Browsing by Subject "deregulaatio"

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  • Fromlet, Hubert (2014)
    BOFIT Policy Brief 15/2014
    During and after the Central Committee’s Third Plenum in November 2013, China announced far-reaching reforms in the spheres of marketization and economic deregulation that included financial markets. While the speed of the rollout of China’s planned reforms is still unknown, officials repeatedly reference the great opportunities for guiding China onto a healthier, more sustainable social and economic track. The risks of such ambitious marketization and deregulation plans need to be considered in the context of speed and sequencing of reforms of the financial sector. We currently lack the skills for overcoming the famously low predictability of financial crises. The areas for skill improvement largely relate to market psychology (behavioral finance) and the understanding of history and macrofinancial aggregates. The much-undervalued discipline of behavioral finance has started to come into its own over the past 10 to 15 years, including the awarding of the 2013 Nobel Prize Robert in Economics to Robert Shiller for his efforts at understanding the psychology of financial markets. This year’s Nobel Prize winner, Jean Tirole, also considers behavioral aspects in his work. Sweden has had two serious banking crises in the past 30 years. The first – and most serious – crisis occurred in the early 1990s, while a smaller crisis took place at the end of the last decade. Both were foreseeable. The first crisis emerged as Swedish banking entered uncharted deregulation waters, a situation Chinese reformers will themselves inevitably confront. Swedish research findings with respect to sequencing, speed of reforms and behavioral finance apply nicely to the Chinese discussion. The italicized discussion focuses on what the Swedish deregulation experience means for Chinese policy choices, but most of these observations are generally relevant for policymakers in emerging markets in Asia and elsewhere. Publication keywords: financial deregulation, Asia, Sweden
  • Kerkelä, Leena (2004)
    BOFIT Discussion Papers 2/2004
    Russia s economy is energy intense and wasteful of resources.This situation has arisen in part due to the country s ample energy supplies and regulated privileges for domestic consumers.Recently enacted and proposed reforms intended to increase the efficiency of the energy sector by raising domestic energy prices also have implications for the export levels of Russian energy commodities. In this study, we estimate the costs of the subsidised energy system in an allocative sense and then analyse recent moves of the Duma to boost gas and electricity prices to bring them into line with market-based pricing.Our analysis uses a multi-region general equilibrium model (GTAP) modified to express the global dimensions of the subsidisation policy and suggested reforms.Preliminary results show that current subsidies extract over 6% of GDP and limit the potential benefits of Russia s comparative advantage in energy commodities.Increases of 6% in electricity and 10% in the price of regulated gas improve efficiency by reducing distorting subsidies and distinctly shifting output from domestic markets to exports. Keywords: CGE modelling, energy market liberalisation, Russia JEL classification: D58, F17, H71, Q43, Q48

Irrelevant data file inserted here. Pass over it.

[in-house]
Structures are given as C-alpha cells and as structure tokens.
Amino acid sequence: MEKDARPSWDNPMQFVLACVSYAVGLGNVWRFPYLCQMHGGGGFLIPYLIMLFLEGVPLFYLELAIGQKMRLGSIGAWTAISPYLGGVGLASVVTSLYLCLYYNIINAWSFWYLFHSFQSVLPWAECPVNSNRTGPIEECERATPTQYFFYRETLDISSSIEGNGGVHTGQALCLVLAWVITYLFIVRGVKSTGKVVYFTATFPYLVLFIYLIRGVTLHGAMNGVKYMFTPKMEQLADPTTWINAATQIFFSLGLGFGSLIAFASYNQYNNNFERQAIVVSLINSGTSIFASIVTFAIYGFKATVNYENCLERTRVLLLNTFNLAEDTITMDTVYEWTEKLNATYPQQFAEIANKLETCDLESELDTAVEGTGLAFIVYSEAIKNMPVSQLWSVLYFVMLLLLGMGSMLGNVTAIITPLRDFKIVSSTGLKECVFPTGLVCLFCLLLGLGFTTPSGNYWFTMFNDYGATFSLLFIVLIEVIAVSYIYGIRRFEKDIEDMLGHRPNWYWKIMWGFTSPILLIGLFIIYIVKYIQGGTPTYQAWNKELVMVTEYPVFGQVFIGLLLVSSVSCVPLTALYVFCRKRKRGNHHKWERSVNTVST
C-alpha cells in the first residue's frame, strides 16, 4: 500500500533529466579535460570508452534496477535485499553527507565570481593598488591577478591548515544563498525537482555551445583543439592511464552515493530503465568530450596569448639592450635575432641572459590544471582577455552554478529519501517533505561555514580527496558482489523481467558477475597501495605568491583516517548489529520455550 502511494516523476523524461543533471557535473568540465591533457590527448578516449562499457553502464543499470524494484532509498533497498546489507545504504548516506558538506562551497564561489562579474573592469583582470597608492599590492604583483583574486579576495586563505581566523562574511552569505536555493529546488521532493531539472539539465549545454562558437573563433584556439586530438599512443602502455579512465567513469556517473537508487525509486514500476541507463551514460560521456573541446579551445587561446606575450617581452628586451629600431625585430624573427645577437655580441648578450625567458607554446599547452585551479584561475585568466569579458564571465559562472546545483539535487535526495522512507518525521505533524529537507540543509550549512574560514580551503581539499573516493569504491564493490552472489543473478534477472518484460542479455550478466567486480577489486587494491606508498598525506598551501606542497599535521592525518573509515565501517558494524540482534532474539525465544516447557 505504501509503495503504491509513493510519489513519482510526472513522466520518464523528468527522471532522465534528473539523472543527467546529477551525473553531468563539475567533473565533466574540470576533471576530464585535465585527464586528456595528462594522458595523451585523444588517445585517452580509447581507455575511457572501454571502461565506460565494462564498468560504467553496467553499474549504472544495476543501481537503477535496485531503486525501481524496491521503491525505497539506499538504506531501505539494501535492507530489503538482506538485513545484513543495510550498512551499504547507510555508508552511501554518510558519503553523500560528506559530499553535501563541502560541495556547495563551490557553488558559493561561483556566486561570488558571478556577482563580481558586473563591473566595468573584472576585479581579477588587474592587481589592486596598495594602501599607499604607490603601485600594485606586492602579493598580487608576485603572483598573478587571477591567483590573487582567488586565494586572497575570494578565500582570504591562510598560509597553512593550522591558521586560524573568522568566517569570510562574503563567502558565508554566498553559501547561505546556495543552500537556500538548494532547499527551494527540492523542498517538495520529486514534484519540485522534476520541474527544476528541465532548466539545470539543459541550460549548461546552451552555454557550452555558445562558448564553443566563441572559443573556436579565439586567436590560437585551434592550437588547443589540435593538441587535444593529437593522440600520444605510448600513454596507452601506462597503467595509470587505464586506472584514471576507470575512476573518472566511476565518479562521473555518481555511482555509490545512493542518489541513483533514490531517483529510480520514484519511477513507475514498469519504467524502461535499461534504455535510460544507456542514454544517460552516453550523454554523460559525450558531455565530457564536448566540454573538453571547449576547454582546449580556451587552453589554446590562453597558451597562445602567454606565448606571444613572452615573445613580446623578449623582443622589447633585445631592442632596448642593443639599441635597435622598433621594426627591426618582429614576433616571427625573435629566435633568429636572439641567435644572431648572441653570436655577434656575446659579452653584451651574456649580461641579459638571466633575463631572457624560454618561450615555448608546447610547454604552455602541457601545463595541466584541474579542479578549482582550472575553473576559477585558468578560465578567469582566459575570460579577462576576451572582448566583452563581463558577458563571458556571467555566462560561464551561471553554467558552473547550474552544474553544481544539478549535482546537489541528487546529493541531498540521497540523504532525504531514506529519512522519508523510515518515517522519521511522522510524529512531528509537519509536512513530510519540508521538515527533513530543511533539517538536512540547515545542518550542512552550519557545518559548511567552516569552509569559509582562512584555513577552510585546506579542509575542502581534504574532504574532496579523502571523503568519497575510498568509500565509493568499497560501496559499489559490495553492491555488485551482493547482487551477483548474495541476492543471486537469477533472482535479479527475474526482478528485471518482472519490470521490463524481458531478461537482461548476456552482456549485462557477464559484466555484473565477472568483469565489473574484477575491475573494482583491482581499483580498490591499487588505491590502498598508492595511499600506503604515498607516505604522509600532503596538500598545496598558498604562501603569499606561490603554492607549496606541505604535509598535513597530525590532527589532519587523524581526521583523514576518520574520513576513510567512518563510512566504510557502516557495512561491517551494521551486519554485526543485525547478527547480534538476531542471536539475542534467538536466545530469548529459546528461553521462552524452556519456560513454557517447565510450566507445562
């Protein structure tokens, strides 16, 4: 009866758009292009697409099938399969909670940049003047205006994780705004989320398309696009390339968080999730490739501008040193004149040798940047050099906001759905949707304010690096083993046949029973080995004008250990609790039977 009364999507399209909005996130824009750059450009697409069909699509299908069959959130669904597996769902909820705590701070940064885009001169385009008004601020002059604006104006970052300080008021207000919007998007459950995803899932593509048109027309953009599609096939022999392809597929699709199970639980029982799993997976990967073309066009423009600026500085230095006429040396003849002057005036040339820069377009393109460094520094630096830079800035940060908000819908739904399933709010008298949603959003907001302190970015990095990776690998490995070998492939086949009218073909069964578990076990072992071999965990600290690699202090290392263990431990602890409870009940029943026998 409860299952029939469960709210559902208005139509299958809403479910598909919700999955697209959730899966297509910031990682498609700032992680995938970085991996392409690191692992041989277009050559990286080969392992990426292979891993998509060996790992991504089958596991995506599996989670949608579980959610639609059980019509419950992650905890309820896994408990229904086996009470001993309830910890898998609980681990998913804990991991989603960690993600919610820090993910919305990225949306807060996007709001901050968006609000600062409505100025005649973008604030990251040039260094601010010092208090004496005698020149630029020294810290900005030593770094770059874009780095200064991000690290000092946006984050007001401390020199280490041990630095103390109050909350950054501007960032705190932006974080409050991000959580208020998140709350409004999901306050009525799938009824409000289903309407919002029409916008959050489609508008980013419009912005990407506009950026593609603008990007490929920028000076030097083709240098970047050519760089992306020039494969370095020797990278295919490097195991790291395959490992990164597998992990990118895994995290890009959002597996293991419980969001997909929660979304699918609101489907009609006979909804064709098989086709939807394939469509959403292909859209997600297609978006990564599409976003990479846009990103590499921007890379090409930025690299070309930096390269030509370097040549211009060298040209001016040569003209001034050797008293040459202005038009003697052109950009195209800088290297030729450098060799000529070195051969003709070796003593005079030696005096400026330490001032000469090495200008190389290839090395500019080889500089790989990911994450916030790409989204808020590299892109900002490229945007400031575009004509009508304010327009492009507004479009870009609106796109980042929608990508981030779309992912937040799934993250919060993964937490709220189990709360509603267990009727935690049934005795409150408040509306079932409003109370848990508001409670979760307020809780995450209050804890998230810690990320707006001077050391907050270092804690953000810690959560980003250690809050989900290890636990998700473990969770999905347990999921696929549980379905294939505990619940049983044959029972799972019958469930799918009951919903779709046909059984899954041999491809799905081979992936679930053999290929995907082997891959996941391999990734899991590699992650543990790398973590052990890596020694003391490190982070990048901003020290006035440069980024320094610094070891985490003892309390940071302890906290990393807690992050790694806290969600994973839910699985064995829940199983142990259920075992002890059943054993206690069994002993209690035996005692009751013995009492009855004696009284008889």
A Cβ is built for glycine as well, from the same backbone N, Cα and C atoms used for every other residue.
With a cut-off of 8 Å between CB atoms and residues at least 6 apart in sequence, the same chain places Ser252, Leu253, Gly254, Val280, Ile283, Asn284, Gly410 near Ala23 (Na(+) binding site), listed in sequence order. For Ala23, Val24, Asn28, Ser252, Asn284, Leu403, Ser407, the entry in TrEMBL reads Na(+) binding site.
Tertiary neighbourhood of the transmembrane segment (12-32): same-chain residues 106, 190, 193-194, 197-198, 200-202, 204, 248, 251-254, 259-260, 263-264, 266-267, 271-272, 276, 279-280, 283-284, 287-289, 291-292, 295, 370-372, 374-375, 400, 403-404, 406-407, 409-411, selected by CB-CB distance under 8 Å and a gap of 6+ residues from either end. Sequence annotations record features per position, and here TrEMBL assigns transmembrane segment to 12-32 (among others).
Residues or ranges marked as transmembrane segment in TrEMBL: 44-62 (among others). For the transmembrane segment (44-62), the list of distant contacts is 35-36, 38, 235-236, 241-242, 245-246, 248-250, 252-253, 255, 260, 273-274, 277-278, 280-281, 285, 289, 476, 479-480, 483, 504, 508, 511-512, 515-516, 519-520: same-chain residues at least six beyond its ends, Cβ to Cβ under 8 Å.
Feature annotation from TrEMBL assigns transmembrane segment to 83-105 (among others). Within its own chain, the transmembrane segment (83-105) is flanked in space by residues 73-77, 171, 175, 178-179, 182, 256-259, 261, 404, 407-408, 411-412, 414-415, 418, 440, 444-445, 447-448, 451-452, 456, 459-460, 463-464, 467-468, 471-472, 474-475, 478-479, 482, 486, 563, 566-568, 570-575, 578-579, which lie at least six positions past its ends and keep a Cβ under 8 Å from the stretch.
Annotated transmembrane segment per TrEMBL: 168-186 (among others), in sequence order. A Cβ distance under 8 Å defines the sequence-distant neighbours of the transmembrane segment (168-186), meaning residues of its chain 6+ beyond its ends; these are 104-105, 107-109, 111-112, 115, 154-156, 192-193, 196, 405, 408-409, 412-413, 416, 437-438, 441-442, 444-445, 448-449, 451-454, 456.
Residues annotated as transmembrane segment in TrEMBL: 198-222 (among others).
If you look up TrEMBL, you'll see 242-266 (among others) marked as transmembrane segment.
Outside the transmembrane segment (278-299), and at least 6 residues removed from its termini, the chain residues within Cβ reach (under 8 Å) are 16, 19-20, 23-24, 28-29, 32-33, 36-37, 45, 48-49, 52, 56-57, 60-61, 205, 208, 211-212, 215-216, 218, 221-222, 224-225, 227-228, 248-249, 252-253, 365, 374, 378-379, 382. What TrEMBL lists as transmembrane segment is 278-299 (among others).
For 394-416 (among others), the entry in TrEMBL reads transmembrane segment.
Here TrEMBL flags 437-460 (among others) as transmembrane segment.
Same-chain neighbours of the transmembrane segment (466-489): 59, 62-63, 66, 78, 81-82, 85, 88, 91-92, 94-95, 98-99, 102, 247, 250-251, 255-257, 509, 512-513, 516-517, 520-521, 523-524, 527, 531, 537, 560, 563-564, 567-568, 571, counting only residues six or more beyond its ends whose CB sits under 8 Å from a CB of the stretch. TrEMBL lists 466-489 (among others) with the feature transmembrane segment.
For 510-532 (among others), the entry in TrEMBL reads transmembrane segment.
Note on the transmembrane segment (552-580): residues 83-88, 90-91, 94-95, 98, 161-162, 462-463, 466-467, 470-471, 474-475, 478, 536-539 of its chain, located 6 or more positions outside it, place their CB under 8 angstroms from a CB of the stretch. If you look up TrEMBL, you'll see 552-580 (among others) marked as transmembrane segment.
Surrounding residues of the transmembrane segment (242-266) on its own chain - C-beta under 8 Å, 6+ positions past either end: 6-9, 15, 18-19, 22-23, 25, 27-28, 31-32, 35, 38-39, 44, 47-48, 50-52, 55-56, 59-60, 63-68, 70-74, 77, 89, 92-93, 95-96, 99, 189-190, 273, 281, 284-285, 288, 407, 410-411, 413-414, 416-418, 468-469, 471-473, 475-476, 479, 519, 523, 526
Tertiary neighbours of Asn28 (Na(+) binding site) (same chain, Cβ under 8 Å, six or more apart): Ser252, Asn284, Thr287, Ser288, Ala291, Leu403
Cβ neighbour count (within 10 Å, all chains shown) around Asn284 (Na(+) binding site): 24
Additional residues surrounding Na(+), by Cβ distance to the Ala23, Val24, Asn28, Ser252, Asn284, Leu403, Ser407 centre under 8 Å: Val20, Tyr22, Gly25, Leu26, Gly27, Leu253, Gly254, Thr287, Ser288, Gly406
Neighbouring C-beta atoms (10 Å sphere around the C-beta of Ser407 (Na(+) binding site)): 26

• Riipinen, Toni (2003)
    BOFIT Discussion Papers 12/2003
    This work considers effects of energy market liberalisation in the countries of the former Soviet Union (FSU).Our analysis is based on a computable general equilibrium (CGE) model called the Global Trade Analysis Project (GTAP).This specialised model makes it possible to evaluate effects in a general equilibrium set-up. Energy market reforms are widely discussed in the literature, but the use of CGE models has been limited.In the main part of the paper, we perform two experiments.The first is a benchmark liberalisation experiment in which all government taxes and subsidies are removed.The second is an attempt to simulate an increase in the export capacity of energy commodities into the European markets.In general, we find that liberalisation of FSU energy markets would increase welfare in the EU countries, while in the FSU welfare would decrease.This result is mainly due to the terms of trade effect, as export prices of FSU countries decrease. Keywords: energy, computable general equilibrium models, former Soviet Union, welfare analysis
  • Funke, Michael; Ruhwedel, Ralf (2003)
    BOFIT Discussion Papers 17/2003
    Published in China Economic Journal, 2008, Volume 1 (2): 203-212
    We calculate welfare gains of trade liberalization in the Central and East European transition economies, following the approach of Romer (1994), who emphasized that proper modeling of the impact of trade restrictions on the number of available product varieties is crucial to quantifying the welfare impact of trade liberalization. The empirical work relies on direct measures of product variety calculated from 5-digit trade data.Although the issue is far from settled, the emerging conclusion is that freer trade has boosted welfare. Trade Liberalization, Product Variety, Welfare, Transition Economies D60, F14, F15